So the white knight for House of Fraser has turned out to be Mike Ashley and Sports Direct. The saga has been complicated and HoF briefly went into administration before the Sports Direct bid was made. At first sight he is not the obvious candidate to restore the fortunes of House of Fraser, but now the dust is settling, it’s worth taking a step back and thinking about his chances of success.

The timing of the deal is a little odd. If the deal had been struck a couple of days earlier, the transition might have been smoother. As it is, there was a payments dispute with XPO Logistics which operates the distribution centre and XPO refused to deliver goods. HoF had to refund all current orders and at the time of writing the website automatically transfers to the Flannels website. Perhaps Mike Ashley was just holding out for a lower price.

Poles apart

Mike Ashley has come in for much criticism of the working practices at Sports Direct, even from a Parliamentary committee. But he has one outstanding qualification to take on HoF – he is an excellent retailer, one of the most successful store based retailers of the 2000s. He is not just a dealer making a profit for himself. He has built an exceptionally successful business, and if he has made a personal fortune it has been through the success of the business he has built and that success has come because people want to shop at his stores.

The doubts arise because HoF and Sports Direct are at opposite poles of the retail spectrum. Is it really possible that a man who has led a business dedicated to selling low priced, mostly branded, sportswear at the lower end of the market should be able to turn around the most upmarket of the mass market department stores in the country?

The top end

But there is more to the Sports Direct group than the Sports Direct stores. The business is dominated by the Sports Direct chain, but 5% of sales come from what the company calls its “Premium Lifestyle” division. There are three brands in this division – Flannels (21 stores), Cruise (10) and Van Mildert (3). It looks as if Cruise and Van Mildert are being converted to the Flannels fascia. The websites already look similar.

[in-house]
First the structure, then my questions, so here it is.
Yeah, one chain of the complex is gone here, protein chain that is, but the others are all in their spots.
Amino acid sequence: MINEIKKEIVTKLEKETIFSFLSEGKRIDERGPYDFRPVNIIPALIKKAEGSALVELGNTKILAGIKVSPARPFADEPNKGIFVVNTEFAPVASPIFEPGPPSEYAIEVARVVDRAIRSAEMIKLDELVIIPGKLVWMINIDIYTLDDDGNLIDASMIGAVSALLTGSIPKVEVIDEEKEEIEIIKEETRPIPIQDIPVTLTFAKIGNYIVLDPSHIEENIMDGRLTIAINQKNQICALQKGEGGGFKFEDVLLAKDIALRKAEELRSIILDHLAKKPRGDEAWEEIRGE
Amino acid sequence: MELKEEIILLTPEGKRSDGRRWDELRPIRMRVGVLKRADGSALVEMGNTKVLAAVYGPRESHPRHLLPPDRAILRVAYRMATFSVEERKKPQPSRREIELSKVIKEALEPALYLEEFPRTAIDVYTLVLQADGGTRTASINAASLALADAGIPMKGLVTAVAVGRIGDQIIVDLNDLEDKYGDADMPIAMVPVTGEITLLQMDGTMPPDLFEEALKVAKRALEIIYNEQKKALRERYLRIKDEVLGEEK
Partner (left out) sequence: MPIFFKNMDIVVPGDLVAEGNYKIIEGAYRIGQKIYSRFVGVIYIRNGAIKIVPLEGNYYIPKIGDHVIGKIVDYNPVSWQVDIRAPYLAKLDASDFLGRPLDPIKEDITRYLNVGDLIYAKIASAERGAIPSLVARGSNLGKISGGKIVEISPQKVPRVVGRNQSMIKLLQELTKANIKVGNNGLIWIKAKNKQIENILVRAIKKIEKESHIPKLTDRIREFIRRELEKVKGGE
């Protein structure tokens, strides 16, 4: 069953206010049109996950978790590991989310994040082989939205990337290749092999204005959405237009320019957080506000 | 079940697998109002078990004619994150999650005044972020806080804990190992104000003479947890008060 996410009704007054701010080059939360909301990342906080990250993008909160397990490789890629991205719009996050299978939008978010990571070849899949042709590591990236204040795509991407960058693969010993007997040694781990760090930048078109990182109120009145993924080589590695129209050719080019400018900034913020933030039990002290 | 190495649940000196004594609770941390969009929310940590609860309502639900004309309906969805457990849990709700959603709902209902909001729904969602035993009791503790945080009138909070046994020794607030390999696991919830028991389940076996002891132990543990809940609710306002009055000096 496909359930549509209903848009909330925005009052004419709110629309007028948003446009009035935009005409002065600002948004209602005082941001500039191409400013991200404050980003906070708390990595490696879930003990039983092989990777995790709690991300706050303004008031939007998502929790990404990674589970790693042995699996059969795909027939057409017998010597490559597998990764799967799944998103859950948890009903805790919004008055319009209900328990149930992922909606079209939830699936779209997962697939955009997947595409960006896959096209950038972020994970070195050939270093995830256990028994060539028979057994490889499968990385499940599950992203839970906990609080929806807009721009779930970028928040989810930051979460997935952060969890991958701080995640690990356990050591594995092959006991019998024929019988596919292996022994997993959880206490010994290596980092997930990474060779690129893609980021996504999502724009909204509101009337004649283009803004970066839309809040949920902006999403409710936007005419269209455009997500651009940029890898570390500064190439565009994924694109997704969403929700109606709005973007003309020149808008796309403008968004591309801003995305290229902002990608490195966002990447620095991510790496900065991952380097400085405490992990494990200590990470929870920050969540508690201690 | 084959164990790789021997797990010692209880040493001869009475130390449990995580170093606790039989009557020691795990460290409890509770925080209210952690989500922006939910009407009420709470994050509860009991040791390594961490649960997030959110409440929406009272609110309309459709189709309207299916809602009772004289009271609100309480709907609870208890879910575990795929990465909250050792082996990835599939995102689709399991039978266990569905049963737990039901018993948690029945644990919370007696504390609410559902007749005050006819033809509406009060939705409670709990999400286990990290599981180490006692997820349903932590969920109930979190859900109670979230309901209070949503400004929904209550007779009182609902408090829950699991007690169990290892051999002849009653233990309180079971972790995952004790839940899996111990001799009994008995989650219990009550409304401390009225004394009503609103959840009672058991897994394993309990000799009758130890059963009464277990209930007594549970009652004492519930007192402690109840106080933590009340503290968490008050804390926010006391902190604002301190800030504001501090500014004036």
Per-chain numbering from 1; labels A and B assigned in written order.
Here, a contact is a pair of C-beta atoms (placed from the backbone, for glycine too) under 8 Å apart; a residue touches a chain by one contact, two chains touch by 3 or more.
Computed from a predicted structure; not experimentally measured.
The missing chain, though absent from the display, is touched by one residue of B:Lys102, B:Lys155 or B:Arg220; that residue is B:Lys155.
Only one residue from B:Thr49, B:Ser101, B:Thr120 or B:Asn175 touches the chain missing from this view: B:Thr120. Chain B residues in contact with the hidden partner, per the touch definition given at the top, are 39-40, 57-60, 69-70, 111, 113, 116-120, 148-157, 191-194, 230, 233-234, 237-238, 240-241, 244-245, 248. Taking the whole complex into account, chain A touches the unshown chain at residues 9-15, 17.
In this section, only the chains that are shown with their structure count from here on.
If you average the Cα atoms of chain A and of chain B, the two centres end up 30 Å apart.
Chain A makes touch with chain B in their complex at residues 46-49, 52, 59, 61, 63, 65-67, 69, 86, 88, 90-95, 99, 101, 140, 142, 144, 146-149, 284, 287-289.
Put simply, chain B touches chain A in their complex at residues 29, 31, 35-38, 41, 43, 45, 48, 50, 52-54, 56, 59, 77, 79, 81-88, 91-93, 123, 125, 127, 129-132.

Flannels is a premium end, branded fashion business with ranges extending to the luxury end of the market.

Until last year this division also included USC, a branded clothing business targeting the young middle mass market. For management purposes it is now included with the Sports Direct chain. USC seems to be being run down, the outlet numbers have certainly been falling.

Does that say something about Mike Ashley’s management style. Is he really able to run a premium business without resorting to the price led, discount policies of Sports Direct?

What is he buying?

Before being bought by SanPower, HoF was performing well. That was why it seemed so attractive. But the downturn was swift. It is not clear from the outside quite what went wrong. There were certainly too many changes in top management, with the most recent appointment having no retail experience at all. We also have our doubts about the own brand strategy as the company had been removing own brands and concentrating on brands.

It is a sorry tale which is in some ways similar to that of Homebase and Bunnings. But the Homebase saga took place in full view because Wesfarmers published the figures. House of Fraser was a private company and very little information was published.

Stores and closures

The quality of the House of Fraser portfolio has long been the focus of negative comment. But it was not until the CVA details were published that one came to appreciate just how big the tail of stores is. 31 out of the 59 were earmarked for closure or disposal. Mike Ashley has said that he will try to keep more stores open than that and it may well be that some of them would be suitable as Sports Direct outlets.